5. #5  
    I couldn't have if I'd wanted to, though they all wanted me to enlist, because of my test scores.

    For my son, I'd rather he go to college.
    Sent from my favorite gadget!
  6.    #6  
    my son is 14 and wants to go makes me nervous but very proud.
  7. #7  
    My 15 year old is dead set on college and I'm happy about that!
    Sent from my favorite gadget!
  8. #8  
    Honest opinion??? Hope you don't take offence, but you DID ask for it

    I joined the Canadian Infantry at age 17, I needed a parent's signature to get in (1992). Four days out of highschool, I was in boot camp. Rather hellish at that age, from a class of 40, we were down to 24 by the end. A few weeks afterwards, we ended up going over to Narvik/Bodo area of Norway for a big NATO exercise, a "What if Russia were to invade Norway from the north--type of scenario"..

    Norway is a conscription-country, mandatory 2 years for all. From what I experienced, none of these "conscript-recruits" had ANY interest in being there. They were paid a meager salary barely enough to support a smoking habit if they had one. Basically they had food, shelter and less than $100/month. I saw "soldiers" with pony tails down to their waists, these guys weren't soldiers, they were CONSCRIPTS....big, BIG difference.

    Honestly, say you were a willing, volunteer soldier, and you had an unwilling, but still shows up kinda guy conscript that was supposed to have your back, would you trust him??? I probably wouldn't.

    A friend of mine that was in my boot camp back then got out, became a journeyman machinest, re-joined the military and he said the way of thinking has drastically changed since we both were in boot camp.

    Now, once you sign up, you're not locked in anymore, they are steering away from recruiting kids straight out of highschool, most of the under-20 year olds failed boot camp. The doctrine now is at ANY time, if you don't want to be here.....there's the door. The onus is on the indivdual to decide if he/she really wants to be there. No sense in wasting tax payers dollars on keeping someone in if they don't want to anymore. The amount of yelling and screaming that occurs in boot camp also drastically reduced. Basically when you start, they lay it on the line...you have a certain amount of performance objectives that must be met. If you fail X amount of objectives(ie inspections, drill, physical education, rifle range, battle drills etc), then you're out.

    They want a slightly older, slightly more mature, more dedicated type of miltary, and I totally agree with that.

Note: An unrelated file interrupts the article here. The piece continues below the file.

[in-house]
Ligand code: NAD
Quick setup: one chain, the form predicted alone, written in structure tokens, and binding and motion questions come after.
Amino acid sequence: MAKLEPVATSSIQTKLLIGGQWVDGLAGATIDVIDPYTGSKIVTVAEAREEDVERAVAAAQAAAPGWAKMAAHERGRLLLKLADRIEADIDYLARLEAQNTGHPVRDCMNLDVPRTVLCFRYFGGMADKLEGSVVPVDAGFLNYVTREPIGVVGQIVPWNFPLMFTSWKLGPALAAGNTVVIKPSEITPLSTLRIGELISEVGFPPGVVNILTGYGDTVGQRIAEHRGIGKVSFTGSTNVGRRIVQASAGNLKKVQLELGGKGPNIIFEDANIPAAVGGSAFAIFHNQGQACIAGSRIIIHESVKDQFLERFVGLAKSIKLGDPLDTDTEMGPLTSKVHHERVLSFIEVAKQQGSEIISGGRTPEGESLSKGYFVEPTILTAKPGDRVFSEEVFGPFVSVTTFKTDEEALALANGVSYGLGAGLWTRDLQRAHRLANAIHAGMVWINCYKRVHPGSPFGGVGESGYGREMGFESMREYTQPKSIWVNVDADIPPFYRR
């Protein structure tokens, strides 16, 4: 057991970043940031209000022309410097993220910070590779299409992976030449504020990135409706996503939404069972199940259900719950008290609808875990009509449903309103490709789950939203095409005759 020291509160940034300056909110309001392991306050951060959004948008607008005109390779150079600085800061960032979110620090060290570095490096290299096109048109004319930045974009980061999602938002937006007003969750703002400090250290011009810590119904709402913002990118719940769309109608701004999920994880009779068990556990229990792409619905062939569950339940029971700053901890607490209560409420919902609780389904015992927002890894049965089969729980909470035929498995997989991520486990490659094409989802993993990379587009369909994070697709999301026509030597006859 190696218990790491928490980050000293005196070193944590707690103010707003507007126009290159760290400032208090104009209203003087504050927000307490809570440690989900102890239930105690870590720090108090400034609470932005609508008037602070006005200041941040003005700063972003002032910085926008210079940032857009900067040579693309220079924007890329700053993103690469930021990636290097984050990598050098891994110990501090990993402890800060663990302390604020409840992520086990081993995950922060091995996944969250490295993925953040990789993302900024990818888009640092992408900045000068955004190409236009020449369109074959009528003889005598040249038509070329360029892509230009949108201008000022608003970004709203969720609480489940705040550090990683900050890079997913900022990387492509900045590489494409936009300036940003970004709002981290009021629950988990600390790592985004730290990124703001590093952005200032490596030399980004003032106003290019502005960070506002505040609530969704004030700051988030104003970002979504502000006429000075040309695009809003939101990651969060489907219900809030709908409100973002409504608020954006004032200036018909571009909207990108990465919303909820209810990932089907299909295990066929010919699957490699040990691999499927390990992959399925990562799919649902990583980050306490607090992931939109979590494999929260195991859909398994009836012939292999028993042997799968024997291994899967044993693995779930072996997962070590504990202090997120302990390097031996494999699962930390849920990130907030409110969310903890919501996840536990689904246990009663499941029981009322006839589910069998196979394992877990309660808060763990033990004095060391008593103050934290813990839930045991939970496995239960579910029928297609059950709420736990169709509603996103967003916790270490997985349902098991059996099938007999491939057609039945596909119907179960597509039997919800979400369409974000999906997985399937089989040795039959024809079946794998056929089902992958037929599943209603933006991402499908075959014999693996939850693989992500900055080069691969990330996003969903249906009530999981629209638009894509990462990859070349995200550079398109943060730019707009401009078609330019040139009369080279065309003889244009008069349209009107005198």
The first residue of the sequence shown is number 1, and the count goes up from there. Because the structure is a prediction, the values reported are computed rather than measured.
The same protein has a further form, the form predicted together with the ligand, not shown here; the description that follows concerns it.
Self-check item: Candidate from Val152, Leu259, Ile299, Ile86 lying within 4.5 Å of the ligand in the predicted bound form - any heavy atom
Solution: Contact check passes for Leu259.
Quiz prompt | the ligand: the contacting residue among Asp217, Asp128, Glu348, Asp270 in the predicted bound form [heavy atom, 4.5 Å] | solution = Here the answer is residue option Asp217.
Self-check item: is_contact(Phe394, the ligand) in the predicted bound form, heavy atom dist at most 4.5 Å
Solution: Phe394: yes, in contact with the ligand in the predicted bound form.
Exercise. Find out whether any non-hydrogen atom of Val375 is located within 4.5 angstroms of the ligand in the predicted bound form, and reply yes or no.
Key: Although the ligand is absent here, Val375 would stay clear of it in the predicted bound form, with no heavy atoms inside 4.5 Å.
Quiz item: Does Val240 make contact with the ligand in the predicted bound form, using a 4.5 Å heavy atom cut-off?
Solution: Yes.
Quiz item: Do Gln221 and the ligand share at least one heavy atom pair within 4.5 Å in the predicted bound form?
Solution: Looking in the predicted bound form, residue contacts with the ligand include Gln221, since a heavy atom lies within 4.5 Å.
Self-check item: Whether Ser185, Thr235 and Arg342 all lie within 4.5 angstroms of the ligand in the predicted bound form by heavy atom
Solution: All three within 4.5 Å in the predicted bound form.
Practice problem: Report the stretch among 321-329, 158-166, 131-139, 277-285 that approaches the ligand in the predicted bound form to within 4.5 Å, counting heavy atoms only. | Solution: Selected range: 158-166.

I'm kinda rambling on here but you get the gist of what I'm saying. We live in a free society here in North America, free to do a lot of things, including joining the military or not.

    I just wiki'ed conscription armies and found an interesting point:

    No army can work without discipline. The discipline can either arise from the esprit de corps motivation of the soldiers, or be imposed and pressed on the troops. Volunteers seldom have disciplinary problems, but people pressed into the service against their will have little other motivation to serve than personal survival. As motivation is based on coercion, the discipline in conscript armies is often harsh, and punishments severe.

    Consequently, conscript armies are more likely to mutiny than all-volunteer forces, and can in extreme cases turn against their own, the Vlasov army being the ultimate example. Discipline problems become especially problematic when the ablest youth are forced to serve against their will under the authority of people they consider untalented, unfit, or simply because of unquestioned authority. This was seldom a problem in the period of Industrialism when only the upper social classes had access to higher education, but proved problematic in the Vietnam War when college students were conscripted to fight as privates under non-commissioned officers who seldom had any higher education. As the troops felt they were being led into danger by leaders less intelligent than themselves morale sank low, leading to an erosion of discipline, culminating in violence and even murders.


    Something to think about anyways
    Due to the cancellation of the penny, I no longer give 2 about anything. I may however, give a nickel
  9. #9  
    I'd rather go to college then fight in a corrupted army.
  10. #10  
    I'm an USAF veteran of the Cold War.
    I also often think about some kind of mandatory service, but I've also grown up around people who would not be able to serve in the military due to their religion. So my idea includes "AmeriCorps" and "The Peace Corps".
    Having this discussion with my wife the other night convinced me that even with those options people would be resentful.
    Conscripts WON'T care about doing a good job, just doing their time (as Sledge007 noted).

    If you want to read about an idealized version of mandatory service, read "Starship Troopers". I love that concept, but I don't think it could work in our reality.
  11. #11